by Josie Kafka
Christopher and Jonathan Nolan’s third big-budget film, The Prestige is a story of duplicity and duplication, tricks and tall tales. Like Memento and Inception, it is also a puzzle narrative, with clues to the various illusions and truths promoted by the two main characters scattered about like so many top hats.
Apprentice magicians Alfred Borden (Christian Bale) and Robert Angier (Hugh Jackman) had a tense but workable relationship until Borden’s hubris accidentally (we think) leads to the death of Angier’s wife. What had been a healthy rivalry becomes a constant game of one-upmanship as both men attempt to outdo one another in magic and in revenge.
Borden, the superior technician, finds happiness with a wife and child, and he begins to have financial success with a trick called “The Transported Man,” in which he goes through a door and emerges on the other side of the stage. Angier, the better showman, has successes and setbacks of his own, but he never gives up on his quest for vengeance, which transforms from avenging his wife’s death to wanting to outdo Borden’s famous trick even if he has to rely on a drunken double to do it.
Set at the turn of the twentieth century, The Prestige is a story constantly on the brink. The smog that surrounds London and lends the movie a gritty Dickensian air contrasts with the sharp blasts of electricity promoted by Nikola Tesla (played by David Bowie, which is awesome). The rude mechanical devices invented by Michael Caine’s engineer belong firmly in the age of industry; the wizardry that Angier seeks seems to lie with the technology just being developed by men like Tesla and Edison.
The doubleness of the setting and era mimics the theme of doubling that runs throughout the film. The first half of the movie is told through flashbacks (Angier reads Borden’s journal and we see the events as he reads them; Borden in turn read Angier’s journal) and flashforwards (we know from the film’s outset that Borden will be accused of murdering Angier). After various double-crosses are revealed, the film turns into a more straightforward narrative, with Borden’s and Angier’s actions interlaced until the climatic final showdown.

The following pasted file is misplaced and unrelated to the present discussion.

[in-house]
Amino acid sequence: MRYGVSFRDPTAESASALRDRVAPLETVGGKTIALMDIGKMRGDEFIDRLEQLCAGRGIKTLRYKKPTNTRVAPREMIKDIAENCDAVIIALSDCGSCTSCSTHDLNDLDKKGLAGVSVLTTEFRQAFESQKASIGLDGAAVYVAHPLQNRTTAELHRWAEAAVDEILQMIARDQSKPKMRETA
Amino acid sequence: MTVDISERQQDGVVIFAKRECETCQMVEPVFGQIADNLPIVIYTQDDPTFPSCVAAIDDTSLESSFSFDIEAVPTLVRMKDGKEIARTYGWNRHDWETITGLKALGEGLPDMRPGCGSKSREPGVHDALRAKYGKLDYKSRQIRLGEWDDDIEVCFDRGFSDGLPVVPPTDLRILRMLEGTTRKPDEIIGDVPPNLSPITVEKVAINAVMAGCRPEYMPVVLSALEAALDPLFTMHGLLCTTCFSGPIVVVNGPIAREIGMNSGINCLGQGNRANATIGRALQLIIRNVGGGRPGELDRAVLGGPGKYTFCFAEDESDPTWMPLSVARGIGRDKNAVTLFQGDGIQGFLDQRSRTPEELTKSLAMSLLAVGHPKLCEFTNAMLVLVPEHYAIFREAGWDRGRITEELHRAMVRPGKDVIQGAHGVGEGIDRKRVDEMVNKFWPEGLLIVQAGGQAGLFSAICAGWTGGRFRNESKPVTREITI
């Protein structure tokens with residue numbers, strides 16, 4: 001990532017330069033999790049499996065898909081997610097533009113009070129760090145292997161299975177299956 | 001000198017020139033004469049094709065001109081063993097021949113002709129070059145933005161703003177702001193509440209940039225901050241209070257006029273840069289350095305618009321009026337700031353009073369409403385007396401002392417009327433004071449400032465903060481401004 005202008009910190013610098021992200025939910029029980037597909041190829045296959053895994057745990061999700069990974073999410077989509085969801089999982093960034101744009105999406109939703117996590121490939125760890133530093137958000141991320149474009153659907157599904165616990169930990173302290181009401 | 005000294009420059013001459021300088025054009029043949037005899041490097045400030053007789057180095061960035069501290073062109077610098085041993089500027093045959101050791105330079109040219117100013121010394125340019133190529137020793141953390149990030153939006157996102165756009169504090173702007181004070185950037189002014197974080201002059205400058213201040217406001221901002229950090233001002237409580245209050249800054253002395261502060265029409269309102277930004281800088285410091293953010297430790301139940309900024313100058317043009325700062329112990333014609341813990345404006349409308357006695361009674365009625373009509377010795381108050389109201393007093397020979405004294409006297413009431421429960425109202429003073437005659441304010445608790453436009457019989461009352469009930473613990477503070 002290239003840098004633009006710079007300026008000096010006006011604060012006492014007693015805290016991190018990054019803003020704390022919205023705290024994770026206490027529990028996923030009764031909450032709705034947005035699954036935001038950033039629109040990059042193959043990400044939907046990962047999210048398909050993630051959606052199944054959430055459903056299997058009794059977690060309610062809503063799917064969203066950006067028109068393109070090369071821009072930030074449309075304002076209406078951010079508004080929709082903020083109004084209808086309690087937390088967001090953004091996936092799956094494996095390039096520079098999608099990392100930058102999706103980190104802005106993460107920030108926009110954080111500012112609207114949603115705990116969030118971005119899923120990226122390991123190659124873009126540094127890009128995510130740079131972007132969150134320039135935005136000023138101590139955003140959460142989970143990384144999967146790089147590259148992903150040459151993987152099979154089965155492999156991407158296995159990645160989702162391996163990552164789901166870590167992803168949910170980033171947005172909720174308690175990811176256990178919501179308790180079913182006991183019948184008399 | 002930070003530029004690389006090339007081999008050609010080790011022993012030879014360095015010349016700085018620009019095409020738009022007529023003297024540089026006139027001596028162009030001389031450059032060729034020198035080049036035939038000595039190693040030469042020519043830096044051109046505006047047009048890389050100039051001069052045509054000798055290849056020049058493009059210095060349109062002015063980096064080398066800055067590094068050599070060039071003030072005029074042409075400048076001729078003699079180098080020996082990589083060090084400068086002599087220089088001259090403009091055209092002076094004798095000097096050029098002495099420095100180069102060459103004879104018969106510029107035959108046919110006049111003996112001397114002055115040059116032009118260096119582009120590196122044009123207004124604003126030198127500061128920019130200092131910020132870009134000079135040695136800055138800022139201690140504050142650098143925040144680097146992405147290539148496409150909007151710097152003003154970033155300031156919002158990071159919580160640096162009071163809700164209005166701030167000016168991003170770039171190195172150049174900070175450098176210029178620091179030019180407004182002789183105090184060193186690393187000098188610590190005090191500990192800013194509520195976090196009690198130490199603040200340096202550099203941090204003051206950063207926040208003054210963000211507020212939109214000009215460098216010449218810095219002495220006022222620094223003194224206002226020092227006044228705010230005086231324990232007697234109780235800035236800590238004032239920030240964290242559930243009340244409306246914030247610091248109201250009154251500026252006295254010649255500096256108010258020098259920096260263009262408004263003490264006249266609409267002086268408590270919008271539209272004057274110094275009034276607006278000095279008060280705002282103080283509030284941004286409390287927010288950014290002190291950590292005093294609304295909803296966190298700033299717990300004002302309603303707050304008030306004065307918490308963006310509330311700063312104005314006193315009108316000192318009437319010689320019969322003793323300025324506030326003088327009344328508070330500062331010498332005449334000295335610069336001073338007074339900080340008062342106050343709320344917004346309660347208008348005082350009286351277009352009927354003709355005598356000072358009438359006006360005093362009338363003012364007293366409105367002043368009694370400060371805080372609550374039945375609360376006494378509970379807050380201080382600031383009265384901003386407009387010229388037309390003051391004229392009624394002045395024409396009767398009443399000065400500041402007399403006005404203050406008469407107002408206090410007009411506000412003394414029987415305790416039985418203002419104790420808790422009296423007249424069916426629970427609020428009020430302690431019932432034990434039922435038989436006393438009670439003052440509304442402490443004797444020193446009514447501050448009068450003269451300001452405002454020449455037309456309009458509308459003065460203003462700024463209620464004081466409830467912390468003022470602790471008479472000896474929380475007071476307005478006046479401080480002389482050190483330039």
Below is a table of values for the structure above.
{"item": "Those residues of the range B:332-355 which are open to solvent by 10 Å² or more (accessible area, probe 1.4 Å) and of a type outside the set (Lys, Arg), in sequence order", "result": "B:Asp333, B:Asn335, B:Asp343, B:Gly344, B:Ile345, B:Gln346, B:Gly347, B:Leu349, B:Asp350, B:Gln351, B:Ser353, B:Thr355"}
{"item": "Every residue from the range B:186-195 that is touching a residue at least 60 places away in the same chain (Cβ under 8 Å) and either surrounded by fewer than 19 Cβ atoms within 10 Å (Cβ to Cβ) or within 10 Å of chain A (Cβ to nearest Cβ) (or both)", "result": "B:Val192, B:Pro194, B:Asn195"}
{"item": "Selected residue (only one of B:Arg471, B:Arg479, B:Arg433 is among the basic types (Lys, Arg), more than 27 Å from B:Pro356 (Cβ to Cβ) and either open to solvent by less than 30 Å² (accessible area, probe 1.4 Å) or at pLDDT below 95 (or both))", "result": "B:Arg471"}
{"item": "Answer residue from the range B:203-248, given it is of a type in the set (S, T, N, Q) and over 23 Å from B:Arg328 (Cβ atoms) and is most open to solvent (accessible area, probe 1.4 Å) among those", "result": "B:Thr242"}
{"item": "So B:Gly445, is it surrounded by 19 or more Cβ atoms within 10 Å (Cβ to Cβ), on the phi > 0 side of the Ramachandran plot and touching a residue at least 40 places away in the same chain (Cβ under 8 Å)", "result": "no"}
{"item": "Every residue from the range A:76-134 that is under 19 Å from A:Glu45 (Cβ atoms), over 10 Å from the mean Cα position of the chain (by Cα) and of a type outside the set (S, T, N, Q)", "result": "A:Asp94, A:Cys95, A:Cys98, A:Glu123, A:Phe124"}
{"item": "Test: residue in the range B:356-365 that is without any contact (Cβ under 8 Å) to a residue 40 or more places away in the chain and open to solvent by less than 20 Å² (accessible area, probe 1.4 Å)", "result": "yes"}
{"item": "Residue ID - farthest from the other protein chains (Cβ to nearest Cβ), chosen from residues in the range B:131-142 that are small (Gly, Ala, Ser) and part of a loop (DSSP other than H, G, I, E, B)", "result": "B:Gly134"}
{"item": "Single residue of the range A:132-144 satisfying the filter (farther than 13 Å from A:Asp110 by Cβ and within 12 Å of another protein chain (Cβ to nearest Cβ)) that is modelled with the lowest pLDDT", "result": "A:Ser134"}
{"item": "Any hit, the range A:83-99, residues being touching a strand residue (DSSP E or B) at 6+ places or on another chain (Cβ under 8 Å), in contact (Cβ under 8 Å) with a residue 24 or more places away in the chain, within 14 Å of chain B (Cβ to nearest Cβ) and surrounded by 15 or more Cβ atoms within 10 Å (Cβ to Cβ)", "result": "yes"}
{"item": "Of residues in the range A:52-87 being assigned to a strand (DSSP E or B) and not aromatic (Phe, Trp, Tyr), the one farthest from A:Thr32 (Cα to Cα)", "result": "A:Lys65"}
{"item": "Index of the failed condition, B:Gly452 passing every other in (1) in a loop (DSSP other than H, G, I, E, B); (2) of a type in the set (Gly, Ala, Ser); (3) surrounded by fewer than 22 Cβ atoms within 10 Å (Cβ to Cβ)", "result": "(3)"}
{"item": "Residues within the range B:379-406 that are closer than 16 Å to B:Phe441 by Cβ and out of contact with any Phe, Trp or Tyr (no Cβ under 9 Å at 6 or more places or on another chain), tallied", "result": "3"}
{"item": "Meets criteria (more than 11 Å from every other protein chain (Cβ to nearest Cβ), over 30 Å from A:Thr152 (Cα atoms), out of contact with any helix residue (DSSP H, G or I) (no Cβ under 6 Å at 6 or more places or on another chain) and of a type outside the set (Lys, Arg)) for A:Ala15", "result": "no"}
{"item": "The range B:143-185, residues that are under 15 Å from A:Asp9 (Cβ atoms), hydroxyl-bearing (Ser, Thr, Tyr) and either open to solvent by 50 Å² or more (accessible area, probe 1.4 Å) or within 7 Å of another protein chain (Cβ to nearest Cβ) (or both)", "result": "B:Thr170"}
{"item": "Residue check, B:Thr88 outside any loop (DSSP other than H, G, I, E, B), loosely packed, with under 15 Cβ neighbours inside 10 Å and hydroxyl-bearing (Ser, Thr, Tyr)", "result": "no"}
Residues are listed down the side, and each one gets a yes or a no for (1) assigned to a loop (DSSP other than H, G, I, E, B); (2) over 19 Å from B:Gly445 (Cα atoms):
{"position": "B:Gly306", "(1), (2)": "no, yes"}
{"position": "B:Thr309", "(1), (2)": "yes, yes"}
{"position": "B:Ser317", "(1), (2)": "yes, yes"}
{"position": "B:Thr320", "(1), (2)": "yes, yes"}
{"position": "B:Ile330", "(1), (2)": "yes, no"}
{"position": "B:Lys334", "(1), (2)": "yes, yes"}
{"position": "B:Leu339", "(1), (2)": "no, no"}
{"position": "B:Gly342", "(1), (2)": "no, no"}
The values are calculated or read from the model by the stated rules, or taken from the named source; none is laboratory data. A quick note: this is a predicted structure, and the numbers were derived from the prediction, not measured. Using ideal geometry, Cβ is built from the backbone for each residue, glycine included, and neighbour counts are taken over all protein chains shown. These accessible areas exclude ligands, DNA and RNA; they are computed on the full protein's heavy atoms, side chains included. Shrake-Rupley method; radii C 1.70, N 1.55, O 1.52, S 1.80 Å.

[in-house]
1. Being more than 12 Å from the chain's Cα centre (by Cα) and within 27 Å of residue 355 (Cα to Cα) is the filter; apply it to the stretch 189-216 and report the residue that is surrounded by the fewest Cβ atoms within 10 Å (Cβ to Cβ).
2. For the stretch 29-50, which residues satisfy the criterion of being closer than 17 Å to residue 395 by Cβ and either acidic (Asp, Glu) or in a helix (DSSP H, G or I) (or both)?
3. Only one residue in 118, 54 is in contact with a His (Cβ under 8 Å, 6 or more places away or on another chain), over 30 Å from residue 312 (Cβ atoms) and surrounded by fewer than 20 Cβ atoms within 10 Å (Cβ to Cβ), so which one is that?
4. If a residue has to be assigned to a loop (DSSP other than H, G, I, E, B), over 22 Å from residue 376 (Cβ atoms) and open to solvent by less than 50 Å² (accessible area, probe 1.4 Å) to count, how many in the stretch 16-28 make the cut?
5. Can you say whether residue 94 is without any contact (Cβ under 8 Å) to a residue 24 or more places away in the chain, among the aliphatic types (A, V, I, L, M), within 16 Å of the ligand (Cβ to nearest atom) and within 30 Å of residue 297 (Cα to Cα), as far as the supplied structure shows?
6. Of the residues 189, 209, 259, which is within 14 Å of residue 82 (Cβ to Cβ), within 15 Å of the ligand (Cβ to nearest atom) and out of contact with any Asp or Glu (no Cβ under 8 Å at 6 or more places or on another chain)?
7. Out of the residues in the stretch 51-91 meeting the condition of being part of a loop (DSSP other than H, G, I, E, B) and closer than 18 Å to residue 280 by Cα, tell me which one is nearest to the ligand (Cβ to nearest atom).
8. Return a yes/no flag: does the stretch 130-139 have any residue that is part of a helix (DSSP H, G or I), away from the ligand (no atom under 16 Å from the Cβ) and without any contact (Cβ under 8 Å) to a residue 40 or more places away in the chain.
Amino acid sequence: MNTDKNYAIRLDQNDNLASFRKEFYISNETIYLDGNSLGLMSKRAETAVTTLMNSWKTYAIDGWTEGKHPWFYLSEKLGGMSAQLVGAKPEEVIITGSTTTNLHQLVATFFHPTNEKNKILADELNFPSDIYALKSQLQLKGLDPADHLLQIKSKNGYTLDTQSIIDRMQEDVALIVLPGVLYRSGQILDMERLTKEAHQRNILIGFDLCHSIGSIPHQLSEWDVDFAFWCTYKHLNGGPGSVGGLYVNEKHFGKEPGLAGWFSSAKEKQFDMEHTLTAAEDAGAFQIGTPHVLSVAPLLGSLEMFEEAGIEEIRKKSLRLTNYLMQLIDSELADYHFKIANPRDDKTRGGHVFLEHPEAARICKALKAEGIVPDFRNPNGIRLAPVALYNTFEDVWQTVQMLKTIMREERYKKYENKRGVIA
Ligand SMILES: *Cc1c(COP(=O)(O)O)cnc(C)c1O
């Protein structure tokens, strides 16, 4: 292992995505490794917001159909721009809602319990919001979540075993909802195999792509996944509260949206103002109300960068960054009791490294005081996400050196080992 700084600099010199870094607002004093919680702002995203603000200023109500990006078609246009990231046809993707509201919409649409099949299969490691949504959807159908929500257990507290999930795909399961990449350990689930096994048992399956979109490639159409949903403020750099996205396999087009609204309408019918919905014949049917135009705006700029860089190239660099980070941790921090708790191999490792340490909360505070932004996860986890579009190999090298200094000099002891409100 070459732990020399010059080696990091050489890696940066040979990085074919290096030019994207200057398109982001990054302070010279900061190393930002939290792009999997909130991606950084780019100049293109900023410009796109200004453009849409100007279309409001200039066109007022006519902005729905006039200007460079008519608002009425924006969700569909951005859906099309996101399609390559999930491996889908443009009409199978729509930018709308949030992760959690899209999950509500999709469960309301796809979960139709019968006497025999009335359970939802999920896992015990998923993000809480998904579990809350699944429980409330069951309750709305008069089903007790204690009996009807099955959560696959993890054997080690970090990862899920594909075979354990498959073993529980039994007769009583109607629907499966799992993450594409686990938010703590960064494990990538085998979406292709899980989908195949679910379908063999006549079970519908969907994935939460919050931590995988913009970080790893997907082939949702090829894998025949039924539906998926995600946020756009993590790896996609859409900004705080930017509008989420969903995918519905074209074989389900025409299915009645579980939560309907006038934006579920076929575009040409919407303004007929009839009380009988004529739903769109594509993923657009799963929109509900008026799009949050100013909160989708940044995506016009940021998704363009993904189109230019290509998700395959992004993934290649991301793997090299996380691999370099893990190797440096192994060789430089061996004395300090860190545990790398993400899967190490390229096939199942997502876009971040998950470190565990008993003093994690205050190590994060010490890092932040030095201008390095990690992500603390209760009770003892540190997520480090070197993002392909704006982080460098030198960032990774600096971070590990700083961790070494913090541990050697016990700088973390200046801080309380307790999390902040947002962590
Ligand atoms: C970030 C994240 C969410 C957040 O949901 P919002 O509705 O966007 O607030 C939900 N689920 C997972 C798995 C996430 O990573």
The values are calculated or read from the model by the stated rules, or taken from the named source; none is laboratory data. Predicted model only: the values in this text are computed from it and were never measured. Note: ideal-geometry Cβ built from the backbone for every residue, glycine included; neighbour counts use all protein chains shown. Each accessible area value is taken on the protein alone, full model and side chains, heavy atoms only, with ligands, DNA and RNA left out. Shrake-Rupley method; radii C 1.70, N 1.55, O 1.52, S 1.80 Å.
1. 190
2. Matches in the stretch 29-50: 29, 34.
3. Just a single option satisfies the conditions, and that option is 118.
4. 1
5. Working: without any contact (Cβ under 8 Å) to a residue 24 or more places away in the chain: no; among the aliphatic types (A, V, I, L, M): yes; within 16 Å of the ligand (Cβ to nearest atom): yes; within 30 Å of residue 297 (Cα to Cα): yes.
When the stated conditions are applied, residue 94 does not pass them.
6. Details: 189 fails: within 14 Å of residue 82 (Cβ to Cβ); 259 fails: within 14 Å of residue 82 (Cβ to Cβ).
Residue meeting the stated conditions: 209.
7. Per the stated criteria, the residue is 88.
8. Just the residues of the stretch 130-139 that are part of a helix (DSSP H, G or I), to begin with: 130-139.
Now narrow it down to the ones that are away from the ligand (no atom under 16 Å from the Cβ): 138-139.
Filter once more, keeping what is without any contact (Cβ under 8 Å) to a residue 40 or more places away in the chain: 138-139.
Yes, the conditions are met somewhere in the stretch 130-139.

Michael Caine’s opening narration emphasizes the three parts of a magic trick: the pledge, in which we are shown something ordinary (a woman!); the turn, in which the ordinary becomes extraordinary (sawed in half!); and the prestige, in which ordinariness is resumed but wonder remains (she’s okay!). Caine doesn’t say—but the film implies—a fourth part, in which the audience figures out what has happened, or fails to do so.
But life shouldn’t be structured like a trick, and that is something that both Borden and Angier seem to have difficulty grasping. Both men are willing to make sacrifices (of themselves, of others) to achieve the best trick, but this film raises the question of whether that achievement is truly worth “the cost,” as Tesla refers to it: how much do we give up for art? How much of art is just pride and a desire to out-do someone else?
The Prestige lingers on those questions in a haunting way that deepens the significance of its puzzling qualities, which are many. As with any non-Batman Nolan film, there are various theories about what happened when, at whose instigation, and whether there is a gaping plothole (the general consensus) or a deeper trick at work (my opinion). But what makes this film more riveting than either Memento or Inception is the way in which it, like a good trick, is more than the sum of its pledge, turn, and prestige. This is ultimately a human story: not just narrative legerdemain, but rather the wizardry of artful and truthful portrayals of people in crisis.
Warning: although this review is light on spoilers, please be advised that the comments below spoil major plot points.
Josie Kafka is a full-time cat servant and part-time rogue demon hunter. (What's a rogue demon?)